I recently started a discussion on LinkedIn in order to find out whether or not more people were beginning to work from home. The idea came to me after reading an article that suggested this was becoming the new trend in business. I was pleased to see many seasoned home workers getting involved and sharing their views on how and why they run their businesses from the comfort of their own homes rather than that of an office space.
Throughout the discussion it became clear that many of you firmly believe that the pros outweigh the cons. Many home workers shared the view that it is easier to be productive away from the distractions of an office and several pointed out that it is much cheaper to run a business from home, avoiding the costs of office rent, travel and lunch expenses. This means that many owners are able to offer highly competitive rates, which most office-based companies struggle to match.
Many in the discussion felt home working gives small business owners a sense of empowerment. It was rightly pointed out that work is only one part of our lives and we should all make sure it doesn’t take over. Working from home is one way to reset those boundaries, helping many small business owners to enjoy time with their family, indulge in leisure pursuits or improve their health, while maintaining a successful career.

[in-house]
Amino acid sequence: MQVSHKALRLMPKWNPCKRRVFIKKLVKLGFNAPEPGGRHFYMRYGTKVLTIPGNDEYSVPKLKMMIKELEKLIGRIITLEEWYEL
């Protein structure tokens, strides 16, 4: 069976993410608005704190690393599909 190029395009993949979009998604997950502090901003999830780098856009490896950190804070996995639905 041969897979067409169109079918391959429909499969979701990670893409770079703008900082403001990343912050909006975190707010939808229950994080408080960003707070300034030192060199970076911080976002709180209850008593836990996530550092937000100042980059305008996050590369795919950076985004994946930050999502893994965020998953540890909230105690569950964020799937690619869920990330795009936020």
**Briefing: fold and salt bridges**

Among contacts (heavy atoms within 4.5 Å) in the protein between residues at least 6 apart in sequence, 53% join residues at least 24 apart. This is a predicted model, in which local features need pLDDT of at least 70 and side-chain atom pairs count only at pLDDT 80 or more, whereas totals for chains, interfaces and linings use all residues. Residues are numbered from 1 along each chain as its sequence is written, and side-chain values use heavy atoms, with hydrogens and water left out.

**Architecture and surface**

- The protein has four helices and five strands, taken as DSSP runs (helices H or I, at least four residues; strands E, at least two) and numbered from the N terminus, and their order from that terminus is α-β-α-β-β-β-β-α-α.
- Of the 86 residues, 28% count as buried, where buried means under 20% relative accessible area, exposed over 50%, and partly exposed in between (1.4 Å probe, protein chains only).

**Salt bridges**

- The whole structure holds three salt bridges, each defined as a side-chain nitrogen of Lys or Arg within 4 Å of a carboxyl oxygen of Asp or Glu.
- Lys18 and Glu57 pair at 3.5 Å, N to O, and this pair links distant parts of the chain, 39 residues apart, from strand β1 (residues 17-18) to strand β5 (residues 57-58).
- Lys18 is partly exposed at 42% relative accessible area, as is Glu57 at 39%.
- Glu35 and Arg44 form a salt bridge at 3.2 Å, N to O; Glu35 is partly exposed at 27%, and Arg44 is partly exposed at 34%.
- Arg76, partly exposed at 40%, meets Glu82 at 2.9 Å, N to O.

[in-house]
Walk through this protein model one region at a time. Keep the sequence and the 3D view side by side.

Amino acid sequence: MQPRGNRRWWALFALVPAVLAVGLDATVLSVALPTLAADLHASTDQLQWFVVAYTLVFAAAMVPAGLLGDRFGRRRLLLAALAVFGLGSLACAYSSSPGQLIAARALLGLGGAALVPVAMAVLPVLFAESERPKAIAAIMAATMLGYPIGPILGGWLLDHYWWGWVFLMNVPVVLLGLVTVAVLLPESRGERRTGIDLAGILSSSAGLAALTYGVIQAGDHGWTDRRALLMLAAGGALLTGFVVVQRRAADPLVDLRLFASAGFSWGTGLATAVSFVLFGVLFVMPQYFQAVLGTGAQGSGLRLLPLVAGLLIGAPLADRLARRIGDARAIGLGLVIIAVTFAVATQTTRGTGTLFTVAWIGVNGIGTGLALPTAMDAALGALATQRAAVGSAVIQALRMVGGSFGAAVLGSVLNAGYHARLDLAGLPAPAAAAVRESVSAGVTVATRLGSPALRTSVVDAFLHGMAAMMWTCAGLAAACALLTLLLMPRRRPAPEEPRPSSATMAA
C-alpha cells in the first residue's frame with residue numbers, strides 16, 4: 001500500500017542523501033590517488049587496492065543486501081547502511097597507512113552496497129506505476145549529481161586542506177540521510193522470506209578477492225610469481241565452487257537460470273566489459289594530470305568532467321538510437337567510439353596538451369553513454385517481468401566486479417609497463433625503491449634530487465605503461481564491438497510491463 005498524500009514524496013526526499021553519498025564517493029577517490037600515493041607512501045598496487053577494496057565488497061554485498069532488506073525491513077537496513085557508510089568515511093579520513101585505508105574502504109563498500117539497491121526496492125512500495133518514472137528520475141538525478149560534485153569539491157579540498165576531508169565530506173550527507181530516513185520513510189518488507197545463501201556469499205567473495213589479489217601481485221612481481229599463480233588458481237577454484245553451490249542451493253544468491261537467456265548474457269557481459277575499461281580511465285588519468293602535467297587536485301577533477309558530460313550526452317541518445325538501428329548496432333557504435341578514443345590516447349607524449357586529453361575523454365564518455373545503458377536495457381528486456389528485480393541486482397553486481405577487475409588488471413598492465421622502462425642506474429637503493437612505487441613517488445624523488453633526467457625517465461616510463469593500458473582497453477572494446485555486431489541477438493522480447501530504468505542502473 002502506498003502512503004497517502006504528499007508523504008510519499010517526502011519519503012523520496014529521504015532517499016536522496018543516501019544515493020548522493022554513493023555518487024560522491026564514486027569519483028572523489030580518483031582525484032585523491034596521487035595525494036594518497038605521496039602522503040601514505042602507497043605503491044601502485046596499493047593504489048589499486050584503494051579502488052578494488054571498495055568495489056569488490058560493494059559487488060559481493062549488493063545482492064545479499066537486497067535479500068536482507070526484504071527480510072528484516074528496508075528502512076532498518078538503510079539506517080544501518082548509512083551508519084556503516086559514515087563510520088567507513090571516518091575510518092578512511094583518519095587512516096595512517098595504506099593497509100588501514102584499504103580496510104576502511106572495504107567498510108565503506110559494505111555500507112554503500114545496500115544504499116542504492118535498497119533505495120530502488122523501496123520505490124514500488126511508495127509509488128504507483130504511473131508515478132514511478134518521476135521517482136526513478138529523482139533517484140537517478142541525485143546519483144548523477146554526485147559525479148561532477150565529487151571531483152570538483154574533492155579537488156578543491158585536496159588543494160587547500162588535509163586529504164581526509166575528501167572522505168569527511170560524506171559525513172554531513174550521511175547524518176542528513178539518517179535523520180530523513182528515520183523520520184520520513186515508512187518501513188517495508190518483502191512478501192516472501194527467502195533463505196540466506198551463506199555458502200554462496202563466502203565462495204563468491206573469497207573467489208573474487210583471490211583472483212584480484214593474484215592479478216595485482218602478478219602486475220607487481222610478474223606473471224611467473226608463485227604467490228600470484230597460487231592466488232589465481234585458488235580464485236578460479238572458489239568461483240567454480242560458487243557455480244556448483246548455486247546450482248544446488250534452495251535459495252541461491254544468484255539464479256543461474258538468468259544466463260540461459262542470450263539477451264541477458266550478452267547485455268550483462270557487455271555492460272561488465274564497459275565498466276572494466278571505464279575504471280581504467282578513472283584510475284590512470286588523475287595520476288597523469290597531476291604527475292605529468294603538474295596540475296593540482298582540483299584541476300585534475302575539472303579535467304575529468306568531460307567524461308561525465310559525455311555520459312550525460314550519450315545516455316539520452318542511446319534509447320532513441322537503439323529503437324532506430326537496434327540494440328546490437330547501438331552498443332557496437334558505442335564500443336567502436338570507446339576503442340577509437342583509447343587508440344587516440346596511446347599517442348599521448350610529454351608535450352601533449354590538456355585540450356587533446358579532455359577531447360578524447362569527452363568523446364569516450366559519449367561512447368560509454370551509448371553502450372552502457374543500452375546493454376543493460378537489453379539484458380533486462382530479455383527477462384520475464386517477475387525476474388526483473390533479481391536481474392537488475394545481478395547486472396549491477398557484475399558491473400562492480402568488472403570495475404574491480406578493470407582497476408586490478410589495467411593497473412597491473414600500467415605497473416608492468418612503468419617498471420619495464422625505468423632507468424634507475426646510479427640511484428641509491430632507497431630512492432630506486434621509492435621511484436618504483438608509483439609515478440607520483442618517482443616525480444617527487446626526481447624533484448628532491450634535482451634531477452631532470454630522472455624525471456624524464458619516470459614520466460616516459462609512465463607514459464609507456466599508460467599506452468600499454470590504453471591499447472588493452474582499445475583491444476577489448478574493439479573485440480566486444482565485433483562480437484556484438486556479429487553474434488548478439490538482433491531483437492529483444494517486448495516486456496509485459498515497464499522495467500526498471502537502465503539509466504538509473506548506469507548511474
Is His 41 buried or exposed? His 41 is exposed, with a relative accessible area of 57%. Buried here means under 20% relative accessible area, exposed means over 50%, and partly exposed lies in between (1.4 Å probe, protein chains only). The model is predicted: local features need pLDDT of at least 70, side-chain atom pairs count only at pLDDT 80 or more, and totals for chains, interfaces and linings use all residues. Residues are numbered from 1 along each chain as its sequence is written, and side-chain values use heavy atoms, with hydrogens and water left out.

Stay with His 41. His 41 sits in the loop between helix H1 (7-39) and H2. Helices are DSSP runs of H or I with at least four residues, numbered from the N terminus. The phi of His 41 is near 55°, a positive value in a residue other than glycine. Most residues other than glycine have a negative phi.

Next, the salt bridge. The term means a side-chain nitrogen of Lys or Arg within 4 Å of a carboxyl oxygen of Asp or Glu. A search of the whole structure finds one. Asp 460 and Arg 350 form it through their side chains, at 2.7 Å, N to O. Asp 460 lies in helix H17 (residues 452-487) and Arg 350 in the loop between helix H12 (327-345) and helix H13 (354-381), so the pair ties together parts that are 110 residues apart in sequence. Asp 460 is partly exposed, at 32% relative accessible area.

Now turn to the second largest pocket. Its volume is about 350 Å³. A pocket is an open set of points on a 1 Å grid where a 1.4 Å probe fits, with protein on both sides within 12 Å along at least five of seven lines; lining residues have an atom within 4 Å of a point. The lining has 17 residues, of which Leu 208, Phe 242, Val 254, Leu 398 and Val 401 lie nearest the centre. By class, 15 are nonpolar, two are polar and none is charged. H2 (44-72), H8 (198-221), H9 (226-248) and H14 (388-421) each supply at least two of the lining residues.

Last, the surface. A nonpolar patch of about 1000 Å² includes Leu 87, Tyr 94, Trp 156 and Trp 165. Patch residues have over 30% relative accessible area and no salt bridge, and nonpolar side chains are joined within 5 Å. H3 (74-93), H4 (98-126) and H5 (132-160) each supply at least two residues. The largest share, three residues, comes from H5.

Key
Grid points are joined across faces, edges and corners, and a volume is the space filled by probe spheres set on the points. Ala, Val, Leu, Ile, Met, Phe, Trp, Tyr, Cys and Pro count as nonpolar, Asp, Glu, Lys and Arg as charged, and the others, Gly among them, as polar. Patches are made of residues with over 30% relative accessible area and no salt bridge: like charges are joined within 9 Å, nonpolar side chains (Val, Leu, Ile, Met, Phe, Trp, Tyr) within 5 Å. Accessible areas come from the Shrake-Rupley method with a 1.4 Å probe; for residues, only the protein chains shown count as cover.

On the flip side, home workers drew attention to the isolation that can be experienced when away from a busy office. For this reason, working from home will not suit all personality types. A few suggested that networking events were important and could cure most anti-social blues. Others suggested that those who get distracted easily or aren’t very good at motivating themselves should also steer clear of the practice and stick to an office instead.
If you think you would be suited to this lifestyle choice, here are some tips from other home workers to bear in mind:
- Stick to a ‘to do’ list: Some home workers prefer to do this the day before so in the morning they are ready to get up and get going without procrastinating.
- Set yourself targets: Having short term and long term goals will ensure you don’t flounder the day away
- Create your own boundaries: For instance, not taking work-related calls when the kids are at home. This will ensure that your working life doesn’t take over.
- Get out and about: Make a conscious effort to arrange face-to-face meetings with clients and attend networking sessions. This will prevent you feeling isolated and is also vital for building business connections and relationships.
- Take regular breaks: Being at home without any distractions can mean you get lost in a piece of work and are sat at a desk for long periods of the day. Short breaks will help your concentration and boost productivity, as well as reducing stress levels.
Working from home may become a serious consideration for aspiring entrepreneurs as the work/life balance issue is constantly brought to the forefront. Earlier this week an article was published on SmallBusiness.co.uk highlighting the struggle that many employees face when trying to find that perfect work/life balance. Over 40 percent of UK employees said that they find it hard to switch off from work when they leave and 46 percent believe it is acceptable to let their business phones and emails to run their personal lives.
How do you find that work/life balance?